VESSEL, ves'el, _n._ a vase or utensil for holding something: a hollow structure made to float on water, used for conveyance, &c.: a tube in which fluids, as blood, &c., are contained: a person considered as an agent of God.--THE WEAKER VESSEL, a phrase colloquially applied to a woman, in allusion to 1 Pet. iii. 7. [O. Fr. _vessel_ (Fr. _vaisseau_)--L.

_vascellum_, dim. of _vas_, a vase.]

VEST, vest, _n._ that which is put on as dress: a garment: a waistcoat: formerly a cassock-like garment: a kind of close jacket worn by women, an extra piece or trimming on the front of the bodice of a woman's gown, often V-shaped: a knitted or woven undergarment: (_arch._) a vestment.--_v.t._ to clothe: to invest: (_law_) to give fixed right of possession.-_v.i._ to descend or to take effect, as a right.--_adj._ VES'TED, clothed, wearing robes of ceremony: not contingent or suspended, hence (_law_) already acquired: denoting a present absolute right.--_n._ VES'TIARY (_obs._), a wardrobe: (_rare_) garb, clothing:--_pl._ VES'TIARIES.--_n._ VES'TING, cloth for men's waistcoats.--VEST IN INTEREST, to devolve as matter of right without reference to immediate right of possession. [Fr. _veste_--L.


VESTA, ves'ta, _n._ among the Romans, the chaste goddess that presided over the family, in whose temple the sacred fire was continually kept burning: the fourth planetoid discovered in 1807: a match or waxlight:--_pl._ VES'TAS.--_adj._ VES'TAL, pertaining to or consecrated to the service of Vesta: chaste: pure.--_n._ in the ancient Roman religion, one of the six patrician virgins consecrated to Vesta: a virgin, a nun, a woman of spotless chastity.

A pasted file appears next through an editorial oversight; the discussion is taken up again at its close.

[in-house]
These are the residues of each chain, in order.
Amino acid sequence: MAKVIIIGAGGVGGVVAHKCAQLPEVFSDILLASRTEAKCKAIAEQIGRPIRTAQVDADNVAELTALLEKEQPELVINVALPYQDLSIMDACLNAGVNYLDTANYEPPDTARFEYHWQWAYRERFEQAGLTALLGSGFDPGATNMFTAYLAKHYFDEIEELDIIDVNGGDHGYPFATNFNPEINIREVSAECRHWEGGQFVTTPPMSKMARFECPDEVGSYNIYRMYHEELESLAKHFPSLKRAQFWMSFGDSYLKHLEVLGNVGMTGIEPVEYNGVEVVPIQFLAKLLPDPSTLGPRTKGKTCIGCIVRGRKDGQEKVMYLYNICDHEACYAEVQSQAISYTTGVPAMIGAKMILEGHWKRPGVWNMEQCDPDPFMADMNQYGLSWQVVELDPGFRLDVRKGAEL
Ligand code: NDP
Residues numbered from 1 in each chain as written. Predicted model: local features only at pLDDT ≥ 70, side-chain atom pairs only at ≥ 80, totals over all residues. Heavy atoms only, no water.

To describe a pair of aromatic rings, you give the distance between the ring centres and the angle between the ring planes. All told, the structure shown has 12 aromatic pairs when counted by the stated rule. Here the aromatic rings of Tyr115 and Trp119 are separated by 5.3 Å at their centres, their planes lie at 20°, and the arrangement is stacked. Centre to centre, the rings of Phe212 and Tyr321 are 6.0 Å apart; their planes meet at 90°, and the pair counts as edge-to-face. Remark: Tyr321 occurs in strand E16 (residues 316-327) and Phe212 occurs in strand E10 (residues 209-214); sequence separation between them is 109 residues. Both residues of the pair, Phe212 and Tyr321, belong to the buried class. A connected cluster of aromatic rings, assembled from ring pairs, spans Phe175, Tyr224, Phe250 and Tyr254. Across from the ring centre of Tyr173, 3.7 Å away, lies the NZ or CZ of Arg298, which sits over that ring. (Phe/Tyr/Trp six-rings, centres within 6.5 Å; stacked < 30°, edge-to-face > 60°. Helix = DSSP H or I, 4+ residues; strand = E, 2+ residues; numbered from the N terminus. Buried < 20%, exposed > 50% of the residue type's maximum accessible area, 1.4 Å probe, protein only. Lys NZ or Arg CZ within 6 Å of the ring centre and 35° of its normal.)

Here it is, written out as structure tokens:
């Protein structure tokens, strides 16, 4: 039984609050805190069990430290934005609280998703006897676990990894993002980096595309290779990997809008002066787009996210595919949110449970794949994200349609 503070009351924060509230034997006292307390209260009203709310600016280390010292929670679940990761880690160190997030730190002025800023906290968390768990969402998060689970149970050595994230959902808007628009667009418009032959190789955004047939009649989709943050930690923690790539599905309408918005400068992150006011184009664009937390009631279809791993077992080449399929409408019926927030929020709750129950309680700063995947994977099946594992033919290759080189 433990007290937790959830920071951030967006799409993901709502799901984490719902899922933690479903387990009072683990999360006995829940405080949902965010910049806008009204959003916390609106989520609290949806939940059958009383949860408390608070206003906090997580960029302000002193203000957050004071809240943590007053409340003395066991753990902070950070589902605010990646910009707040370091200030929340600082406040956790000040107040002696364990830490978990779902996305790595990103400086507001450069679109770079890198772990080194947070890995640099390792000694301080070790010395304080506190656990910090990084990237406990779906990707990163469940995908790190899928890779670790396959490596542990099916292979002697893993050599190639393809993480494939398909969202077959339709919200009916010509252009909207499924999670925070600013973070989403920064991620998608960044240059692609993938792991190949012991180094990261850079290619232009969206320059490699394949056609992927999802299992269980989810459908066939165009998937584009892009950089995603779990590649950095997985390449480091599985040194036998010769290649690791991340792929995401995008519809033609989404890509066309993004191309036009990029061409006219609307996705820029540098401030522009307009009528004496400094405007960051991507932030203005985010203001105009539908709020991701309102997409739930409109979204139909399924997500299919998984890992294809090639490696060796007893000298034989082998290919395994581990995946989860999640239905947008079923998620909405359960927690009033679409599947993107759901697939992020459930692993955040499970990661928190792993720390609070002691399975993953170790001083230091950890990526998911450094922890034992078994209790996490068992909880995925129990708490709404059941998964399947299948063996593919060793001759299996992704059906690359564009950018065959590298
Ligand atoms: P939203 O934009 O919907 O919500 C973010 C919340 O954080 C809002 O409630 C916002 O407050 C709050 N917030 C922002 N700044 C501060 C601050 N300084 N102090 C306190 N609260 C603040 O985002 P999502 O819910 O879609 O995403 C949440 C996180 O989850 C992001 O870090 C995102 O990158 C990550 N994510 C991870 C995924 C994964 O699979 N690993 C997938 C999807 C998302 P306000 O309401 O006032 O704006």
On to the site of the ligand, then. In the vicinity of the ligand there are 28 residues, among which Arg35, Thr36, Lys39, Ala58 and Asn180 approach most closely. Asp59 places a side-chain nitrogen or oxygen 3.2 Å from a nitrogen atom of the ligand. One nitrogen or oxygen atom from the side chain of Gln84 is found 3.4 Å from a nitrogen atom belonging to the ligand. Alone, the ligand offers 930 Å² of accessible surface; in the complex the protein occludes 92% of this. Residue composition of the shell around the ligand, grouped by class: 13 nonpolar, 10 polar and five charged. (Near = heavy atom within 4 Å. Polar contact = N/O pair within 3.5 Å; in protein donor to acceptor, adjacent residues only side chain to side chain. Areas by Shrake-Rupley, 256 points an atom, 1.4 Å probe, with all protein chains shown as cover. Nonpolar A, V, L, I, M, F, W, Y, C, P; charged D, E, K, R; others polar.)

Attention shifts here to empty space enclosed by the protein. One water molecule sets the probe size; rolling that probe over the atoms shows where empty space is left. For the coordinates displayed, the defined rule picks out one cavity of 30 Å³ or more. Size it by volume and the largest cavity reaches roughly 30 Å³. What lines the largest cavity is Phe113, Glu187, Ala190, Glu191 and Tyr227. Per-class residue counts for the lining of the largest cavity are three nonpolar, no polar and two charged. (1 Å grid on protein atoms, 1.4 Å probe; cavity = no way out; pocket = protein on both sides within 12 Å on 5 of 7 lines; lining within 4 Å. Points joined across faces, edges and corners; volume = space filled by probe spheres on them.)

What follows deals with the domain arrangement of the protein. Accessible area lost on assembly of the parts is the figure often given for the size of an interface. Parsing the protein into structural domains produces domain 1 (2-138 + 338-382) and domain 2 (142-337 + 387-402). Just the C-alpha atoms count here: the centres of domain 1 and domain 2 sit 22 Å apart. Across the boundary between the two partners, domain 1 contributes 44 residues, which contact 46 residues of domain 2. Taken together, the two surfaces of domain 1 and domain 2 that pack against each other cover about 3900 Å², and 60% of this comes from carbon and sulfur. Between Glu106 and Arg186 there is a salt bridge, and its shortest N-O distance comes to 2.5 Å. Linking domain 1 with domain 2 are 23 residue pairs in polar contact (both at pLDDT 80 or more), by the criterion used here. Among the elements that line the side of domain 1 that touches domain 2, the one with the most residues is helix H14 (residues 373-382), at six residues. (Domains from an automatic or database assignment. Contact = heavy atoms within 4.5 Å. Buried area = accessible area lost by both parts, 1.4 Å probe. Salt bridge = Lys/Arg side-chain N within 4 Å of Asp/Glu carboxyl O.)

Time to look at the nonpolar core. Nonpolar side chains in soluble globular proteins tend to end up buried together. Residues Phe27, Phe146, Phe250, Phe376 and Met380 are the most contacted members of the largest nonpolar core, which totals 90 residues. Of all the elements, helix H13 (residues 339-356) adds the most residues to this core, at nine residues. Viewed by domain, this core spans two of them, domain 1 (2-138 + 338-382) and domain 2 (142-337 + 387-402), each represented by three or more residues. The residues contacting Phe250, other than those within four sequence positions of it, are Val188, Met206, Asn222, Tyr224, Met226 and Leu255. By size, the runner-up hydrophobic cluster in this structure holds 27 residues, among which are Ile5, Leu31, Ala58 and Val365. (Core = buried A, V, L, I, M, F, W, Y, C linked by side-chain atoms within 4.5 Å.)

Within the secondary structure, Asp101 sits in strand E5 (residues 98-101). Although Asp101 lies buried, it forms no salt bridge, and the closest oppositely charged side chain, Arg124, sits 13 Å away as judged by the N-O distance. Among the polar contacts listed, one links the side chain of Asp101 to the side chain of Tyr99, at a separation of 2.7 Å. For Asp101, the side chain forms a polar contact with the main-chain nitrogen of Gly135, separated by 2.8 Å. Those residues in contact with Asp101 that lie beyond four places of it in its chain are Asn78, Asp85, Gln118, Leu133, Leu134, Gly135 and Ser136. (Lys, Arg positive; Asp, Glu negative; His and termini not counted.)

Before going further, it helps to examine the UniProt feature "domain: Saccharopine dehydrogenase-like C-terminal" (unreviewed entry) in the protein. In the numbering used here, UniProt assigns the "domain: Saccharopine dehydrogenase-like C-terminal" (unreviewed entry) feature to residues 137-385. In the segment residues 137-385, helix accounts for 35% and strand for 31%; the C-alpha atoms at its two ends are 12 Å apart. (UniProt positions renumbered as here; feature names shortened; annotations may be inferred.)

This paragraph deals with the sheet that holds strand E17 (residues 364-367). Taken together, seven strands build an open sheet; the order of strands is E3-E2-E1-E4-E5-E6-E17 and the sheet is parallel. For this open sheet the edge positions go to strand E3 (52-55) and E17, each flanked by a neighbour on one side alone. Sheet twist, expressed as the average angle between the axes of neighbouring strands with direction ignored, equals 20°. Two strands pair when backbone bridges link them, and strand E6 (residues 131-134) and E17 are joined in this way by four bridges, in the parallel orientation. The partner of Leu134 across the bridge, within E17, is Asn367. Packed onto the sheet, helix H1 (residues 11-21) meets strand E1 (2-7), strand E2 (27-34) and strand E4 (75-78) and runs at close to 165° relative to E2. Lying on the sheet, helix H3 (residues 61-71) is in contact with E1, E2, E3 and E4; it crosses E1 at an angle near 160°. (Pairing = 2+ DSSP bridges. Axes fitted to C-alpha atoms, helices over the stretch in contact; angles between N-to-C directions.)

VESTIBULE, ves'ti-b[=u]l, _n._ an open court or porch before a house: a hall next the entrance to a house: (_anat._) a small bony cavity forming part of the ear--also VESTIB'-[=U]LUM.--_v.t._ to furnish with a vestibule.--_adjs._ VESTIB'[=U]LAR, VESTIB'[=U]L[=A]TE. [Fr.,--L.

_vestibulum_--traced by some to _ve_, apart, _stabulum_, abode; by others to _vestis_, garment, as being the place where the outer clothing is put on or off in entering or leaving a house.]

VESTIGE, ves'tij, _n._ a track or footprint: traces or remains of something: (_biol._) an organ or tissue which still survives but has lost the utility it possessed, but corresponding to a useful part in an organism of lower type.--_adjs._ VESTI'GIAL, VESTI'GIARY.--_n._ VESTI'GIUM (_anat._, _biol._), a vestige. [Fr.,--L. _vestigium_--_vestig[=a]re_, to track.]

VESTIMENT, ves'ti-ment, _n._ (_Spens._)=_Vestment_.

VESTITURE, ves'ti-t[=u]r, _n._ the hairs, scales, &c. covering a surface.

VESTLET, vest'let, _n._ a tubicolous sea-anemone of genus _Cerianthus_.

VESTMENT, vest'ment, _n._ something put on, a garment: a long outer robe: (_pl._) articles of dress worn by the clergy during divine service and the administration of the sacraments--_amice_, _alb_, _girdle_, _maniple_, _stole_, _chasuble_, &c.: covering of the altar. [L.

_vestimentum_--_vest[=i]re_, to clothe--_vestis_, a garment.]

VESTRY, ves'tri, _n._ a room adjoining a church in which the vestments are kept and parochial meetings held, any small room attached to a church: in English parishes, a meeting of the ratepayers to elect parish officers, to assess church-rates, and to manage the property of the parish, the incumbent acting as chairman.--_adj._ VES'TRAL.--_ns._ VES'TRY-CLERK, an officer chosen by the vestry who keeps the parish accounts and books; VES'TRYMAN, a member of a vestry.--SELECT VESTRY, a board consisting of representatives of the ratepayers, as opposed to the _common vestry_ or assembly of all the ratepayers. [Fr.,--L. _vestiarium_--_vestiarius_, belonging to clothes--_vestis_, a garment.]

VESTURE, ves't[=u]r, _n._ clothing: dress: a robe: integument.--_v.t._ to clothe, robe.--_adjs._ VES'T[=U]RAL; VES'T[=U]RED.--_n._ VES'T[=U]RER, one who has charge of ecclesiastical vestments.